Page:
The two basic parts of a Back End would be the HTTP server that handles requests, and the database.  The way the internet works, to keep it simple, is that you enter a URL in a browser; that URL corresponds to a server somewhere, and your pressing enter sends a request to that server.  The HTTP server receives that request, and responds however it has been set up to program.  Most send back their front end package of HTML, CSS, and JavaScript.  Some that send back data in various formats, or are set up to receive data, work some magic on it, and then send it back.  These servers need a place to store information, which is where a database comes into play.  The database is essentially the hard drive of the site or application.  It stores data, can add data, remove, and update data.  The standard database actions is what CRUD is: Create, Read, Update, Delete.

The best example is a simple social media type site.  We type the URL into our browser and go to the site.  I'll break this out front to back:

  1. Back End:  HTTP server receives our request for the base URL route and sends back the front end package of HTML/CSS/JS that is the landing page
  2. Front End: We see a log in form and a sign up form.  We fill out the form with a username, email address, and password then click submit.
  3. Back End:  The submit form button shoots off a simple request to the HTTP server that is just another URL tied to a route on our back end server that is a different URL than the standard log in.  It takes the data (username, email, password) from the form (because it was programmed to handle those specific fields in specific ways) and checks it against the database to see if your username or email is already in use.  If it is, it is programmed to send an error back telling you which item was already in use.  If it isn't, it then activates a function written to save the data to the database, and sends a redirect url to the browser (the user).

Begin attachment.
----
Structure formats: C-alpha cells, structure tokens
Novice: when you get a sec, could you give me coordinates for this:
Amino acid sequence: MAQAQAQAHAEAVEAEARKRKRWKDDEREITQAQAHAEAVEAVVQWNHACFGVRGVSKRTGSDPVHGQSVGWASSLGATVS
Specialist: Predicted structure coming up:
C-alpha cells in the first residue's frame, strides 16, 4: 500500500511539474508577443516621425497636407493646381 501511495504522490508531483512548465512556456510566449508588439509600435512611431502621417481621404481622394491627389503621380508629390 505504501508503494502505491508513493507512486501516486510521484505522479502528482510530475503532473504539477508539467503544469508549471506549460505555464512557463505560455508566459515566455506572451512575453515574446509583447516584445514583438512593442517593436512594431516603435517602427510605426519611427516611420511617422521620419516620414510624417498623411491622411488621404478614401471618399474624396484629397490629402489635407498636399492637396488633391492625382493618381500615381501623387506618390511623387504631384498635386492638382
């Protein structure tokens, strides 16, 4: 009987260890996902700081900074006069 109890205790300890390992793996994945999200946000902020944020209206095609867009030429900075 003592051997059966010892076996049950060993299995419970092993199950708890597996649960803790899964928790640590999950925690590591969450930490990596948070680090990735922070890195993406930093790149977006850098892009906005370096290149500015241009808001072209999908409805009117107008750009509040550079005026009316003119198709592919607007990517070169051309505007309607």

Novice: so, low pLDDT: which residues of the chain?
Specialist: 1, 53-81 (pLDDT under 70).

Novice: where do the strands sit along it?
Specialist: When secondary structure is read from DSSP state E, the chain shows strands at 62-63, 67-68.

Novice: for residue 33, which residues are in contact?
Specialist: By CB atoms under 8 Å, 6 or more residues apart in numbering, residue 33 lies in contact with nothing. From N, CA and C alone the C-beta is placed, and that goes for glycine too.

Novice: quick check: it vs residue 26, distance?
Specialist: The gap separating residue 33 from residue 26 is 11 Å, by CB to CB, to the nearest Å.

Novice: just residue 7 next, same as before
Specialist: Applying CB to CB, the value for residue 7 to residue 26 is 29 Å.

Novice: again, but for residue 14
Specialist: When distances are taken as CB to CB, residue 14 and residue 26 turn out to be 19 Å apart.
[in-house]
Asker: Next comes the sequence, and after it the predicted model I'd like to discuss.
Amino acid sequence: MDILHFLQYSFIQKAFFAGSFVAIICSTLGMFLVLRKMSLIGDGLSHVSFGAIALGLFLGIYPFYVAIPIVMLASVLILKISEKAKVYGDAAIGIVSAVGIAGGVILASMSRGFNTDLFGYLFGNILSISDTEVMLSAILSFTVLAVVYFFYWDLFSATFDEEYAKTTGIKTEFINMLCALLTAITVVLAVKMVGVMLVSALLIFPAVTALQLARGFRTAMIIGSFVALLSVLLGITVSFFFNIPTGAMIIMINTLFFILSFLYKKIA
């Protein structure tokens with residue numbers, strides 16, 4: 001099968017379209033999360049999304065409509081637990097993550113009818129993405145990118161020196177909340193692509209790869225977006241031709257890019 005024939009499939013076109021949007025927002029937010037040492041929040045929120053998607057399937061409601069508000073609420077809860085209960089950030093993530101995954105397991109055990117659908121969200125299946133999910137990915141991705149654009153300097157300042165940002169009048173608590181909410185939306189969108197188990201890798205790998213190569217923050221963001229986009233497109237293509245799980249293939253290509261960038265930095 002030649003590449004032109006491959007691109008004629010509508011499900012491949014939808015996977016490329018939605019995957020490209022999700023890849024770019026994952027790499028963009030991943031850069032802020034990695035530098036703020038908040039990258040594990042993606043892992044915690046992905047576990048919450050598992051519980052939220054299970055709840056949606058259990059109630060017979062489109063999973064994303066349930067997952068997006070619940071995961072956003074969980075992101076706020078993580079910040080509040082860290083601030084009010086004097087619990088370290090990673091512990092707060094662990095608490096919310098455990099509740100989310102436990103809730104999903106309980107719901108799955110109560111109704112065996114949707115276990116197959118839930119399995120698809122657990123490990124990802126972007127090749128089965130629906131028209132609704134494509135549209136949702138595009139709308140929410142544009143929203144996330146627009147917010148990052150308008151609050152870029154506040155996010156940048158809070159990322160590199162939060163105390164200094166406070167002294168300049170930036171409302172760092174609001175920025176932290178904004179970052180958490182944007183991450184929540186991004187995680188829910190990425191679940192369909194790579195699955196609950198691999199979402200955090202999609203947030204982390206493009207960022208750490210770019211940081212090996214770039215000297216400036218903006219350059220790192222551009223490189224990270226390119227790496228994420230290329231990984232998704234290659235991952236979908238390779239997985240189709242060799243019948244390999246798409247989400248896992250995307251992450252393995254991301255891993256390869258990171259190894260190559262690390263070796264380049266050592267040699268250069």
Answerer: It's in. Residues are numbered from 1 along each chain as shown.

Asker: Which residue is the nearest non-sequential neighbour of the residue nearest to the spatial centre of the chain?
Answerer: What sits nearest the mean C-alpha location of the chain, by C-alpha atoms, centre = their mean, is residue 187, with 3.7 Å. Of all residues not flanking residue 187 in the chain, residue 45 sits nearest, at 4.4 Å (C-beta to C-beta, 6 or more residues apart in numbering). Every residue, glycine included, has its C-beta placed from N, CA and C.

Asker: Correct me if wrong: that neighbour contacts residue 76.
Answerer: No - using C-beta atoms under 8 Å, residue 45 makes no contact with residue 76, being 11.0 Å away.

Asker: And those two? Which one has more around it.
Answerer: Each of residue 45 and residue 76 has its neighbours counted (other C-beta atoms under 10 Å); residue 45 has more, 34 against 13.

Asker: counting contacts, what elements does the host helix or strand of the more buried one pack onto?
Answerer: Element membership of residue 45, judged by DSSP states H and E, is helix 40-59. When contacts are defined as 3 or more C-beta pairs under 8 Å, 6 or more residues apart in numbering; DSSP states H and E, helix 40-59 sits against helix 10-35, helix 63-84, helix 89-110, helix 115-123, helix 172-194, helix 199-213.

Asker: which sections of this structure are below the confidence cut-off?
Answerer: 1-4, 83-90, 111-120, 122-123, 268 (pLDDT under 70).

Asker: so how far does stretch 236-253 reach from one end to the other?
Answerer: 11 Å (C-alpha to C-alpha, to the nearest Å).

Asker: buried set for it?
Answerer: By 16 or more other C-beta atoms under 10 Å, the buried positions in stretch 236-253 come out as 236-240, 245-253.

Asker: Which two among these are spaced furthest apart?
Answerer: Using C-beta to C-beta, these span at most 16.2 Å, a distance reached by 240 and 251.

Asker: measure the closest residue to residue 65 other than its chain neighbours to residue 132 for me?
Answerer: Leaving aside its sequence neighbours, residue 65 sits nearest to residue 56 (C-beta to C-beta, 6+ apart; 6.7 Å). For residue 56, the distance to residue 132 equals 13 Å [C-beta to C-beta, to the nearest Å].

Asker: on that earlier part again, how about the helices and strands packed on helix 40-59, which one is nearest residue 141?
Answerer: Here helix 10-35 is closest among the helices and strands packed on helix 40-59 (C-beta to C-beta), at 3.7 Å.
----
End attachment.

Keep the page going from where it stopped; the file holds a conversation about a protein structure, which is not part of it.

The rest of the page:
4. Front End: We are redirected by the back end, which automatically pushes us to a new URL where we then see our logged in home page on the site.  The front end code JavaScript then talks to the back end API, requesting this specific user's data for their profile, because at this point everyone gets the same profile page, but the only difference is what data goes into it.  JavaScript is what gets that data and places it into the correct elements around the page.
  5. Back End: receives the request from the front end for the specific users data at a different URL route, which fires off a function that takes the data sent by JavaScript and searches the database based on that information, then returns what it found to the front end JavaScript code.
  6. Front End: receives the response from the back end which is the data found in the database for that user, and then fires off code to populate the fields of the page.
The above leaves quite a lot unexplained, and is broken up a bit more than it usually is in terms of flow for the sake of clarity, but I hope it gives a good overview of what the differences between Front End and Back End are.  Which leaves the last item...

Full Stack

Full stack, as you've probably guessed, means that you "do it all".   Full Stack is code for "we don't have the money or want to spend the money to hire the correct number of people, so we're going to ask you to do the job of several people without an increase in pay rate".  Sometimes it's fine, my internship and first gig were both Full Stack, but that's because my internship was set up to give me some hands on everywhere to figure out what I liked, and my first gig was a tiny team that didn't push me too hard and was more interested in helping me learn.  If that's the case for you, then jump on it!  My two cents (take it or leave it because who the hell am I anyway?) is to pick a side and focus on that, and do the other thing in your spare time to keep up with it but don't kill yourself.  I think you will easily find what you enjoy doing more as they are very different areas.

I hope this was helpful, more to come soon!

// Corey